Thief Original Soundtrack Director’s Cut
Thief Original Soundtrack Director’s Cut
Sumthing Else Music Works
February 25, 2014
Buy at Amazon
The Thief games, a popular cult series in the 1990s, went through a reboot when Eidos Montreal and Square Enix released the fourth game, simply titled Thief, earlier this year. In Thief, the player controls the master thief Garrett returning to The City after a year of absence. Garrett immediately sets out on his mission to steal from the rich in order to take the power in The City away from the aristocrats. Think of it like Robin Hood, except with a Victorian steampunk setting and dark fantasy tone, while being slightly more morally questionable. The game sounded promising and, with the help of two fantastic-looking trailers, I ended up buying it. However, it did not really live up to the hype; while the mechanics and stealth factor of the game is impressive and becomes quite enjoyable at the time, the plot is lacking and the game proved monotonous. The music, written by composer Luc St. Pierre, was similar for me: a lot of dark, ambient noises with startlingly few moments of true excitement.
St. Pierre’s soundtrack certainly fits the atmosphere of the game well. The City, an incredibly dreary place, is seen primarily at night, and few people out are usually mostly patrolling guards who Garrett must either take down or sneak past. The music, in turn, consists mostly of chords suspended for extended periods of time and played primarily by low brass or celli. These elements might be occasionally accented by bells or pulsated by electronic elements, but everything is kept moody and ambient for the most part. It is fairly successful in fitting the game, but it is not something I would really choose to listen to independently of the game.
“Entering the City”, for example, is a drab piece dominated by suspended string chords, ambient sound effects, and an eerie descant. The well-mixed timbres and constant low-pitched, dissonant harmonies maintain the atmosphere of The City at night, including the monotony. However, on a stand-alone basis, the track tends to waver with its seemingly random development and utter lack of melody. The occasional action-packed buildup certainly keeps the player on edge, but the styles are too generic and the passages are too brief to really satisfy in album form. The subsequent tracks “The Accident” and “House of Blossoms” have elements of intrigue, but still never really go anywhere. Other tracks such as “Meeting Moira”, “Basso’s Prison Escape”, and “Boat to Moira” are even more ambient, focusing more on sound design than musical elements.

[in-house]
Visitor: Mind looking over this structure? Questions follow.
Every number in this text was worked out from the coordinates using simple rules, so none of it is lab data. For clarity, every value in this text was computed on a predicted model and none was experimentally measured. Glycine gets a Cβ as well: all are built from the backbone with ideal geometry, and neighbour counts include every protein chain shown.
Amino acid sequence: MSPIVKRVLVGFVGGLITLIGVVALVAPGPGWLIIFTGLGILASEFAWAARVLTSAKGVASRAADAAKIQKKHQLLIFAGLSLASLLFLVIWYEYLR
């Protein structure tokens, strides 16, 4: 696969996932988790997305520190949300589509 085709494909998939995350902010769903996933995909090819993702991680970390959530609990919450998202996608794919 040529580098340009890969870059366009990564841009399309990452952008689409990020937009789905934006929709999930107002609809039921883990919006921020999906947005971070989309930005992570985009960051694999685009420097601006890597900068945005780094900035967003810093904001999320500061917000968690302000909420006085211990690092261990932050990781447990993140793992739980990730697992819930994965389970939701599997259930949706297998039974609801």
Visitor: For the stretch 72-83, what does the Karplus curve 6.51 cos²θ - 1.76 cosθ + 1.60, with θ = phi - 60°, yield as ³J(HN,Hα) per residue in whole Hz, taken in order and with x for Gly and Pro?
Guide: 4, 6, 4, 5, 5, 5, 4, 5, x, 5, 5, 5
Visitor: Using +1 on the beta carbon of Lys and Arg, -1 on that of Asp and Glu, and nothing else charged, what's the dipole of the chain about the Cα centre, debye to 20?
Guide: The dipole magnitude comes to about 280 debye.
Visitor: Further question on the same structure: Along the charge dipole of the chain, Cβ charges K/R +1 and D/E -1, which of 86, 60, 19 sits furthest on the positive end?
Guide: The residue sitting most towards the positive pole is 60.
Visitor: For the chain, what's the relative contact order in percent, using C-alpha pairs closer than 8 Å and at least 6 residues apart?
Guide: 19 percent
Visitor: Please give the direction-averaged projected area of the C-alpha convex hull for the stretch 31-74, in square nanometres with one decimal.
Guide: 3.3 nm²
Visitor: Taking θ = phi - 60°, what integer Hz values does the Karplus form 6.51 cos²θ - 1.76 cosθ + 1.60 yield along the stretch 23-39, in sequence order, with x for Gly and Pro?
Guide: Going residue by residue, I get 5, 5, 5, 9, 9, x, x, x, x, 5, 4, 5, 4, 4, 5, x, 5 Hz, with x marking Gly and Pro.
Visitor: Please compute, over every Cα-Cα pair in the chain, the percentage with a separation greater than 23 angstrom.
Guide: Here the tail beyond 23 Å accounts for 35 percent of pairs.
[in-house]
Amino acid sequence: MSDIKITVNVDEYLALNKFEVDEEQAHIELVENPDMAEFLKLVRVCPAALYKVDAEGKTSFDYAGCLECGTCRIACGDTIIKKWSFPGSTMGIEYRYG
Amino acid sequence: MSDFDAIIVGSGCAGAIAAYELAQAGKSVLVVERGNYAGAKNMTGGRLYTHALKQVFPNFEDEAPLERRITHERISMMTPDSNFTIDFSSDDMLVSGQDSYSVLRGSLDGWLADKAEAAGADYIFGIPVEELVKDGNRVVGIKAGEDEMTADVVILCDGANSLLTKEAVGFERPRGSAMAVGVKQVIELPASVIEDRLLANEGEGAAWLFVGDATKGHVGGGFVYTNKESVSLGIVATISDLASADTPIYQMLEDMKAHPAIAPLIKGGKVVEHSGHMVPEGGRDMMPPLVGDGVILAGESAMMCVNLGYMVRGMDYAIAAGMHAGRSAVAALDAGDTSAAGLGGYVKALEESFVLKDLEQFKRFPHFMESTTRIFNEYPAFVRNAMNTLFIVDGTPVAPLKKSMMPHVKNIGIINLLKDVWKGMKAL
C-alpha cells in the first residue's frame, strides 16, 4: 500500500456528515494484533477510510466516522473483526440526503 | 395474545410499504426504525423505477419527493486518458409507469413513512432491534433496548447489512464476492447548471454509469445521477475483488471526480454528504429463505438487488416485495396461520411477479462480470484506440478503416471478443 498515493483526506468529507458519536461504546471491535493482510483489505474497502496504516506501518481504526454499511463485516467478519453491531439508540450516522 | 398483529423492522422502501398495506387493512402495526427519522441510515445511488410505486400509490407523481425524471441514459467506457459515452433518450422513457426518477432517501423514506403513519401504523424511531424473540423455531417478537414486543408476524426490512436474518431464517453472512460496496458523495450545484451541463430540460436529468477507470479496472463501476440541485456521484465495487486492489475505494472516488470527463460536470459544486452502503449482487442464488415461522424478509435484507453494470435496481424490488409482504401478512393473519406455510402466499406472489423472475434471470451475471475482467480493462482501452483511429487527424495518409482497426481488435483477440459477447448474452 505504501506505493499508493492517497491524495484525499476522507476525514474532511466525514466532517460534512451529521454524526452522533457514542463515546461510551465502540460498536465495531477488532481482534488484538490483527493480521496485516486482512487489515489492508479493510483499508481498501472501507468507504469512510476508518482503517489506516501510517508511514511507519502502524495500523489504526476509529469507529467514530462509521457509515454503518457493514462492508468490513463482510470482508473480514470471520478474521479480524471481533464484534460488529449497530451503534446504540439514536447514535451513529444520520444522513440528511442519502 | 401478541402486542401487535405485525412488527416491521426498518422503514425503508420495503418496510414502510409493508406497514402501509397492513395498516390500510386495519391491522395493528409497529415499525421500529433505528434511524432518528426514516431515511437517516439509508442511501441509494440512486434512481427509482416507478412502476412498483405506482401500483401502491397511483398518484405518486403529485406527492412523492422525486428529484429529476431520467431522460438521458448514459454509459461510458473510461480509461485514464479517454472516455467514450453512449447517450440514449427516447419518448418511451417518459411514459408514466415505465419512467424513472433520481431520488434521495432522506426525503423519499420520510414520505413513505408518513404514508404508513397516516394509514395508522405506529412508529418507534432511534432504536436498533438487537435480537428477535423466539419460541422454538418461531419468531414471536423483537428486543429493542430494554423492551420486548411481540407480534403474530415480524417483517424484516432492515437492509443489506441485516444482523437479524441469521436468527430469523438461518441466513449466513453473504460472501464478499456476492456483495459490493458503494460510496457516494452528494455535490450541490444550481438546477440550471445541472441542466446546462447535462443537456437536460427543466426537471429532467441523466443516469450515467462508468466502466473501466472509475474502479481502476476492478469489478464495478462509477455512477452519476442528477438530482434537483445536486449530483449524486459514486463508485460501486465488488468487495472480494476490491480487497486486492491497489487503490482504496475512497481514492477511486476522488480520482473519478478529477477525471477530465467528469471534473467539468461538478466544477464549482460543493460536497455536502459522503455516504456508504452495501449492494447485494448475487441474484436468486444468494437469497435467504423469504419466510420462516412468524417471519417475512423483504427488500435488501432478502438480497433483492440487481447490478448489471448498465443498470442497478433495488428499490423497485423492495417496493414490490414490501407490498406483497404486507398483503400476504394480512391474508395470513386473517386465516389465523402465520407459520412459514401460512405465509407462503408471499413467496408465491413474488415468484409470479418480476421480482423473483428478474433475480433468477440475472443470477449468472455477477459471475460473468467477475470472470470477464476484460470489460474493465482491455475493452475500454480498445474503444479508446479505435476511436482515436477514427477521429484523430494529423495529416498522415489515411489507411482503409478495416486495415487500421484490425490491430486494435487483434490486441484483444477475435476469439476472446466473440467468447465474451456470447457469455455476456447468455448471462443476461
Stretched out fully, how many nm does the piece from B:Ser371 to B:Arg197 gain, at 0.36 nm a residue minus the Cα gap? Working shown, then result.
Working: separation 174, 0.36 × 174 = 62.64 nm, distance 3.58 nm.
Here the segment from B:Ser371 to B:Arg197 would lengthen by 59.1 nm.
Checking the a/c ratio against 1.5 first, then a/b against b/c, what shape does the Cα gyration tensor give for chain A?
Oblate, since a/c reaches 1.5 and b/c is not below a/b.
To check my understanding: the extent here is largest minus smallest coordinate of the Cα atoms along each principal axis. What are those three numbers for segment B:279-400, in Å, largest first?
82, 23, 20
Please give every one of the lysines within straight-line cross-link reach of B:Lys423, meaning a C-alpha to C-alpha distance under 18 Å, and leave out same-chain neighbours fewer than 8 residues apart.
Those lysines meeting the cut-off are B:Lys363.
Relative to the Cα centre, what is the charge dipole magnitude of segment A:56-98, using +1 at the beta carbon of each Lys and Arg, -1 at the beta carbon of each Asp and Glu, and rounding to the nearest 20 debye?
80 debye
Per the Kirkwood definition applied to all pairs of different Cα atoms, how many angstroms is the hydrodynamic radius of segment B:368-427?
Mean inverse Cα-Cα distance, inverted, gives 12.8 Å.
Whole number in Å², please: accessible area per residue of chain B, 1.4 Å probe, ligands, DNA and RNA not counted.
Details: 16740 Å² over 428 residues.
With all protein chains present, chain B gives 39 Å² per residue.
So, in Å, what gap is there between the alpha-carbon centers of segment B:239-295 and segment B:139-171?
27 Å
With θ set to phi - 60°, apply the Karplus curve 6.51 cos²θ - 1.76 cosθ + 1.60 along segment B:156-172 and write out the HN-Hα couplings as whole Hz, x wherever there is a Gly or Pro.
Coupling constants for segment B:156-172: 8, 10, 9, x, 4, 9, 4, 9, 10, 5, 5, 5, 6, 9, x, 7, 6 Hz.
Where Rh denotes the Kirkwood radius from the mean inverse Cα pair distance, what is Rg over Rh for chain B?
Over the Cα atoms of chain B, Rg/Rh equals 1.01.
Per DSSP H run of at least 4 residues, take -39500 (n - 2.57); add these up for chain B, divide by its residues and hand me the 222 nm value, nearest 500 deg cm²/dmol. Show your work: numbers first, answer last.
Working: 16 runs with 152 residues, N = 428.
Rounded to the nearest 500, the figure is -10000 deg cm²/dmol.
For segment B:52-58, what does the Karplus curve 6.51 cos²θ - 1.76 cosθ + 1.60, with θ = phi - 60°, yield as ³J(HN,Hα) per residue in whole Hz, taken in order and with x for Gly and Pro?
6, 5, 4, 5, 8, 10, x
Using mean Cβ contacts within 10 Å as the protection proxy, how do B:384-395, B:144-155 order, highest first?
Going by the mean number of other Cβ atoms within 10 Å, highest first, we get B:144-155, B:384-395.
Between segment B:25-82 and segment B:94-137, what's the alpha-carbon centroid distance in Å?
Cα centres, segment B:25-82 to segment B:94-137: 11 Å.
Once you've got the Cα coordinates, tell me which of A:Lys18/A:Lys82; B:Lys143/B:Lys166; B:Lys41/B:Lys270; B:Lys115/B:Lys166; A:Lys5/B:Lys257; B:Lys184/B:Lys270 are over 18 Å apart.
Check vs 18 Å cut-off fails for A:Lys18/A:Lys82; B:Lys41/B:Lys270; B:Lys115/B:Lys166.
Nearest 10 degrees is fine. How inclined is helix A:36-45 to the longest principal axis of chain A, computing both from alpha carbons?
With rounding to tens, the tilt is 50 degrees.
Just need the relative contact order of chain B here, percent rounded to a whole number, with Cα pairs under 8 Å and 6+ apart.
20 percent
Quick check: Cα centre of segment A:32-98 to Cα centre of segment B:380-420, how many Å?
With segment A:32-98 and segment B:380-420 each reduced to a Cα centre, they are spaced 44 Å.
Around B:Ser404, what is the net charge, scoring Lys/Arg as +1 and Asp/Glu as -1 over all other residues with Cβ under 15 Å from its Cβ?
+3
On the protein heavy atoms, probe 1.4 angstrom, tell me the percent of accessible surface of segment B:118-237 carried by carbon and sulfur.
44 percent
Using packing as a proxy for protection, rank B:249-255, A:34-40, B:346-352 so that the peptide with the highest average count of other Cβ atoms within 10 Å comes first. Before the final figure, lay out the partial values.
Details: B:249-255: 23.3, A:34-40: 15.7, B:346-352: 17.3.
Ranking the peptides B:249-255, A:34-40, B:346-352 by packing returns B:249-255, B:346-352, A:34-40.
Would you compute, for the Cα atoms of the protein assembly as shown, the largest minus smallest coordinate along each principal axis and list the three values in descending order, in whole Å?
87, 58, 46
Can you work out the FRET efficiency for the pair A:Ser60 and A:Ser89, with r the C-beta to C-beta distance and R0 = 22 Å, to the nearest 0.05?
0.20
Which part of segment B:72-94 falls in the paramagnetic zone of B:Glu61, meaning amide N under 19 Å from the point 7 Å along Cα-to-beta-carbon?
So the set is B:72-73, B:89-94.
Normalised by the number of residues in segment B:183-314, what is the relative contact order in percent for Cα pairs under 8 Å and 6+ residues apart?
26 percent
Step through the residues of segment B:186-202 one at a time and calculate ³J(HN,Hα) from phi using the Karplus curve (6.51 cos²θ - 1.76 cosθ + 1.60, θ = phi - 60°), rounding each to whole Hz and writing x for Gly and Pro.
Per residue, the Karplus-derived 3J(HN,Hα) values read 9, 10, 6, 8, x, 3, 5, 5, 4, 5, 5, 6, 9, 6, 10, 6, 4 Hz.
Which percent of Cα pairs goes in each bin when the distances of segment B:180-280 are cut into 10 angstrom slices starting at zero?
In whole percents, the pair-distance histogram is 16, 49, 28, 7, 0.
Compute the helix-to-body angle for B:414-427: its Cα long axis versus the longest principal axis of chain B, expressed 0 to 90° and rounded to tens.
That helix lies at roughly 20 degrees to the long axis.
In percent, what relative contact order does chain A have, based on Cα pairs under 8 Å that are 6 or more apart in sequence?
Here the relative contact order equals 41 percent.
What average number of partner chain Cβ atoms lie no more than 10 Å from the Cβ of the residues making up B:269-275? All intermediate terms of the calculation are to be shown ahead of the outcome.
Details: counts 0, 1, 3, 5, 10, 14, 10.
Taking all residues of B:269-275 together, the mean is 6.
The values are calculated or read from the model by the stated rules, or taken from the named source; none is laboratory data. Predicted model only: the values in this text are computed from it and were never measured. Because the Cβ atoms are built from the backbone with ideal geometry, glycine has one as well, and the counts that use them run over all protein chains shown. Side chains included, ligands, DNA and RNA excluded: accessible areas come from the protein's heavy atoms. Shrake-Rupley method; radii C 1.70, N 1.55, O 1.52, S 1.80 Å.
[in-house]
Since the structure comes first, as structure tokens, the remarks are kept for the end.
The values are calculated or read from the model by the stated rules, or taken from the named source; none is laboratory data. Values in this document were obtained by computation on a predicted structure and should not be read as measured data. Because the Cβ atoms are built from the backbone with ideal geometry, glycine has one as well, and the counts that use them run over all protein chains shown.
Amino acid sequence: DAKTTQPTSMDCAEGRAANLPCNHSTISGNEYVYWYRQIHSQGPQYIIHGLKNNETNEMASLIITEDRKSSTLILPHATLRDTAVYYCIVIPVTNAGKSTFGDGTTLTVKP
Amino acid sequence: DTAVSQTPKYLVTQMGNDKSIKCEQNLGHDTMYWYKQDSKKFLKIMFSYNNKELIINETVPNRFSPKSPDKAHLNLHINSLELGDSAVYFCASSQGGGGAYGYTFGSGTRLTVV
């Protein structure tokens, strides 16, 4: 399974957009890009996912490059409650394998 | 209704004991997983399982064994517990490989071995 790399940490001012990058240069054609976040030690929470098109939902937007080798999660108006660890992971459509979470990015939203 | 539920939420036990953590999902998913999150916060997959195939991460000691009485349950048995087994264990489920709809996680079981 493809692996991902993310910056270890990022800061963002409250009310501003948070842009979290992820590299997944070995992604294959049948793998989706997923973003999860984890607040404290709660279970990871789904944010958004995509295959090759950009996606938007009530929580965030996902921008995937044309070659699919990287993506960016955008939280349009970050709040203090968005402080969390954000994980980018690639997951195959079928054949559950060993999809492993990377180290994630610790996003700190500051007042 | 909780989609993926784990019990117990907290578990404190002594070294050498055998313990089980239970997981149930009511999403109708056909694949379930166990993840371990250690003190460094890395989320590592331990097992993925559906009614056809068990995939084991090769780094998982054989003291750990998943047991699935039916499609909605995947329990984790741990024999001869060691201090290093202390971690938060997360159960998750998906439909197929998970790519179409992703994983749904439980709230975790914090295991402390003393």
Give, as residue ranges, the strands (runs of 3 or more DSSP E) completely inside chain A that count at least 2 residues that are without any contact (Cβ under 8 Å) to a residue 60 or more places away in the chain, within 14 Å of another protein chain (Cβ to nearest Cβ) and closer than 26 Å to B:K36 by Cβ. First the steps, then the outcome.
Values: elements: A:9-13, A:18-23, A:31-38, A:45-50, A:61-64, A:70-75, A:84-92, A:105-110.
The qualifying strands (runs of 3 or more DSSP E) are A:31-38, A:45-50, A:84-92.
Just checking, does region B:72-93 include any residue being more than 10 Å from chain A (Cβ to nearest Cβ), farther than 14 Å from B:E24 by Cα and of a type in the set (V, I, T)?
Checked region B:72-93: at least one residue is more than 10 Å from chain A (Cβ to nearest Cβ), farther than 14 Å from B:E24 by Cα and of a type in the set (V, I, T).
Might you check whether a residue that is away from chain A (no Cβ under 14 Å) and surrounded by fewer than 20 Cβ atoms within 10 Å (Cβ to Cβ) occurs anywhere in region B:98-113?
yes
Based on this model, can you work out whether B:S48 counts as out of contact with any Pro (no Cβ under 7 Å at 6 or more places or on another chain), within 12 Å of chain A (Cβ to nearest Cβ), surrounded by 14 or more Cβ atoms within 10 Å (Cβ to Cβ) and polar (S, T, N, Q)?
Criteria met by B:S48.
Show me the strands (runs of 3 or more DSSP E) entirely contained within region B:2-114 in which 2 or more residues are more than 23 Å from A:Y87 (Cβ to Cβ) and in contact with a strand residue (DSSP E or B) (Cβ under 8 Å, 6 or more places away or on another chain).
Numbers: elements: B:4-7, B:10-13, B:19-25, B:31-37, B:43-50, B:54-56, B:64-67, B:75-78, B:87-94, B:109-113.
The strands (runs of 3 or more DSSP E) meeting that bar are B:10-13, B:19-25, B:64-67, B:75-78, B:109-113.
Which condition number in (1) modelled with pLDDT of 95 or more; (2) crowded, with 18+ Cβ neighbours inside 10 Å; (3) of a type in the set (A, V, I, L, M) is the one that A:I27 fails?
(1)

That said, there are moments where it really picks up. While it sets the moody tone for the soundtrack effectively, “Main Menu” also includes some rapidly shifting string portions that incite all the drama and excitement to come in the style of a movie trailer, complete with performances from the FILMharmonic Orchestra. We get another track like this in the form of “Thief Taker General’s Ambush.” Listening to this piece, I was happy to hear that there was cue with some movement and direction, but then I realized that it had been twenty minutes since the last exciting track (not to mention almost halfway through the entire soundtrack and up to ten or twenty hours into the game). My happiness dissipated more than a little. And, by the way, when the track that captivates the most interest is titled “Main Menu,” that is just not a good sign for how a soundtrack progresses in the game.
One other piece I would like to mention is “Uprising,” which broke the tone of the rest of the soundtrack by introducing… electric guitar? And drum kit? And… are those vocals in the background? It may not have fit with the rest of the soundtrack, but I wish there had been more of that kind of surprise in the soundtrack. The City, to me, is a mysterious world, meant to be filled with the unknown and unexpected. This is technically a fantasy game, after all: one with factories, rituals, the plague, horrific piles of corpses, and bright, shimmering jewelry. One of my favorite parts of The City is that it consists of things that aren’t normally placed together, but they are in this game in a manner that just works. “Uprising” is a climatic track that brings in unexpected instruments and movement, and it actually sounds kind of beautiful. Maybe it’s because, like the jewelry you pick up in the game, it stands out from a dark background. However, that doesn’t mean that St. Pierre couldn’t have included differentiation in his soundtrack to create more of these striking moments.
Nier, the spinoff game of the Drakengard series, serves as a great example to me of how a fantastic soundtrack can stand out from a pretty mediocre game (while still fitting with the game’s atmosphere). However, this did not happen with Thief. Likewise, Eidos Montreal’s Deus Ex: Human Revolution showed that an ambient soundtrack could still be interesting and enjoyable on a stand-alone basis. Yet very few elements of Thief‘s music are interesting. The styles weren’t unique enough and the pieces aren’t cohesive enough to still be enjoyable on a stand-alone basis. I don’t always have to have the fast and exciting pieces to consider a soundtrack worthy, but when the rest is just dark generic ambience then that significantly lowers the quality of the music for me. While it might be worth picking up a couple of tracks from the digital release of this one, I would recommend skipping the soundtrack in favour of the much better soundtracks, ambient or otherwise.
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Posted on May 31, 2014 by Emily McMillan. Last modified on May 31, 2014.